Speaking of trust, I would recommend waiting to get the Wuhan vaccine. Like the arthritis medicine Vioxx which caused too many heart attacks (88,000) people died needlessly from its’ use and Merck Pharmaceutical paid out over $4.85 billion dollars in settlements and it was recalled, the real testing will occur on the general population, not test subjects. They are still in business so it must have been profitable to kill almost 100,000 people.

The Wuhan vaccine will be rushed into production. Guess what happens when you rush to solve a problem of any kind?

The government and pharmaceutical companies have been working on the flu vaccine since forever and the first vaccines were used to vaccinate troops during WWII.

For more information go to:

https://www.nvic.org/vaccines-and-diseases/Influenza/vaccine-history.aspx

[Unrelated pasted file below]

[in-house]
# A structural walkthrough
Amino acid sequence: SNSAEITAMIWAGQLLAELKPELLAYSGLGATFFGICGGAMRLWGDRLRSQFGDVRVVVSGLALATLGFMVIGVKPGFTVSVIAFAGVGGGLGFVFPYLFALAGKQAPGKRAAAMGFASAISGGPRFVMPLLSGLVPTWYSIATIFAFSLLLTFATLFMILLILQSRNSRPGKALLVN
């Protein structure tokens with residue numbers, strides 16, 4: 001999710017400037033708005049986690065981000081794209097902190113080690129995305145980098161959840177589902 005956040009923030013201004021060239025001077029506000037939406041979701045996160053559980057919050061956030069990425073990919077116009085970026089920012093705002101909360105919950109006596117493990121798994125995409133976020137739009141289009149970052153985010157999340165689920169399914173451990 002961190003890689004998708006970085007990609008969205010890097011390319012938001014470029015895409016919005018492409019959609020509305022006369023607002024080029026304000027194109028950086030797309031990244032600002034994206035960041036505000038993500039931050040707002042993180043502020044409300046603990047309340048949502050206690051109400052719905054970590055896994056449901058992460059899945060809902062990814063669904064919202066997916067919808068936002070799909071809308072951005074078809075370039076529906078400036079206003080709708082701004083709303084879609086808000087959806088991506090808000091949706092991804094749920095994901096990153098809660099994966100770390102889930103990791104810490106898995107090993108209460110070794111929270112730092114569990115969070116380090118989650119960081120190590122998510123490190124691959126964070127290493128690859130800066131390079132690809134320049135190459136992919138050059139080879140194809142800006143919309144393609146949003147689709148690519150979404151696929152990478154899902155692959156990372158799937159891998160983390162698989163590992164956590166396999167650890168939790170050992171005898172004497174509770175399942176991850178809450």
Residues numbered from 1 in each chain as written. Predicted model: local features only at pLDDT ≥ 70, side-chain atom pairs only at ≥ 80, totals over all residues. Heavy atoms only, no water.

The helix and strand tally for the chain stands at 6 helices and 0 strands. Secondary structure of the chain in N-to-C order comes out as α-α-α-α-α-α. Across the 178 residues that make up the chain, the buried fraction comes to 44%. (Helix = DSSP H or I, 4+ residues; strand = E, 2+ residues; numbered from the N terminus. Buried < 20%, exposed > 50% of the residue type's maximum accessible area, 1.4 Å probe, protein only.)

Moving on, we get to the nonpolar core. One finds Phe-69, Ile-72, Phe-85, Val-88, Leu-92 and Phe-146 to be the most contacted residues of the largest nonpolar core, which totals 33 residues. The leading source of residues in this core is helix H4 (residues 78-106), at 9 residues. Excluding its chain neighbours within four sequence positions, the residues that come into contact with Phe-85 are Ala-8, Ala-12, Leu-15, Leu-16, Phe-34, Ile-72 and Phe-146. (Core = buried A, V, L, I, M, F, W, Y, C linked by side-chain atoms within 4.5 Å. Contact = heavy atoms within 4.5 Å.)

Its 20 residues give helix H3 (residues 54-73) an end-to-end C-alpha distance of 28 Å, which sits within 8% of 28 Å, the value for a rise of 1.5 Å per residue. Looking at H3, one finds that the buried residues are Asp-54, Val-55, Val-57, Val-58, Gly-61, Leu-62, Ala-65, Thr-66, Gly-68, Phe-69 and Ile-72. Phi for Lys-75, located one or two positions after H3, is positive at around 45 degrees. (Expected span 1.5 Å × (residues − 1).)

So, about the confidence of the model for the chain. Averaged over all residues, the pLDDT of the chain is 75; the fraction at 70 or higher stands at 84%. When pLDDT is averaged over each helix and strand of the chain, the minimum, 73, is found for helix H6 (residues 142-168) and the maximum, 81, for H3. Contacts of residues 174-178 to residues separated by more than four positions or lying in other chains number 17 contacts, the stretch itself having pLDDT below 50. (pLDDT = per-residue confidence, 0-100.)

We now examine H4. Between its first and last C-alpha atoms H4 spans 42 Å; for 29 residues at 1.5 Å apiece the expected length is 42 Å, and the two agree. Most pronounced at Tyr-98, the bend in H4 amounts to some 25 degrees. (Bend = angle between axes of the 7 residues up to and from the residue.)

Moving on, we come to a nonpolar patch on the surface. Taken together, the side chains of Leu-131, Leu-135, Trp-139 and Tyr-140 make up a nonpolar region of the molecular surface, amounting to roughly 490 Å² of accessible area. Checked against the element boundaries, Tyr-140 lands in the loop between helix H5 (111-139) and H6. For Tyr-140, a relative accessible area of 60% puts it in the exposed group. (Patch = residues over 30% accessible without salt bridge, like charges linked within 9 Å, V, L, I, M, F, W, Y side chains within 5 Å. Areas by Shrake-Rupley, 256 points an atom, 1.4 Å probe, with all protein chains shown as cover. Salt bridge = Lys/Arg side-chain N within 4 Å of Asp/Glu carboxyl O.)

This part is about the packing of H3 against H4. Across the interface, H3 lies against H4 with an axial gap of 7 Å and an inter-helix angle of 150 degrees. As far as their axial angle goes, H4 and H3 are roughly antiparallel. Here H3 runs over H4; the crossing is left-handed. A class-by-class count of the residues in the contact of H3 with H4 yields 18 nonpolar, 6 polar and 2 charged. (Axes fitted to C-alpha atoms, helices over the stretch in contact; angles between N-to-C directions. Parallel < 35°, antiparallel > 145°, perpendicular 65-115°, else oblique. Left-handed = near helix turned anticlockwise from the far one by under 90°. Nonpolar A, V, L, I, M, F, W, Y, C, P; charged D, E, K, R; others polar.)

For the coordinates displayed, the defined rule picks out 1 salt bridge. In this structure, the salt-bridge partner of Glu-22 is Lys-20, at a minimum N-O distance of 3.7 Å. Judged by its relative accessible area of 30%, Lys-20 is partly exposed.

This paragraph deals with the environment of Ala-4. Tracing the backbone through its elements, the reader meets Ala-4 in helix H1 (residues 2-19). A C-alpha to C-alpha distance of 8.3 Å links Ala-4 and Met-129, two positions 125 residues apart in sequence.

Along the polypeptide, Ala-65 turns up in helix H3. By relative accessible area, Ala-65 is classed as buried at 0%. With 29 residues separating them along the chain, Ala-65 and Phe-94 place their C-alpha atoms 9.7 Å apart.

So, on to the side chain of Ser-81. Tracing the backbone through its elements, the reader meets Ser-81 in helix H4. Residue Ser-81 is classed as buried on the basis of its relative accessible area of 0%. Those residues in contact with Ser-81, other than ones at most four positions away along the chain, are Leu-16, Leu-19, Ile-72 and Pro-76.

Only you or your physician can determine if you get the vaccine but take a look at these pages on the CDC website:

  1. https://www.cdc.gov/flu/vaccines-work/2018-2019.html This shows the effectives of flu vaccines in 2018-2019,   12% for those over 65.
  2. https://www.cdc.gov/flu/season/faq-flu-season-2019-2020.htm This shows the estimated effectiveness of the current flu season, 50% for those over 65 through February, 2020. Wonder how it got so high?

I’m not a statistician but have a rudimentary knowledge of statistics. Their sample size appears substantially low. Take a look at the small sample used to determine these numbers….out of a population of over 350,000,000 people.

Flu vaccines are rarely effective up to 50% and many times lower than 15%. Is there a benefit to the government or Big Pharma to show effective vaccines?

These shutdowns are creating other problems and I am concerned they will drive us into dramatic inflation/depression similar to where in Germany as the depression picked up steam, a wheel barrow of money could buy a loaf of bread.

BACK FROM THE DIGRESSION:

The following discuss our preparations with some changes as I’ve been writing this on and off for a month: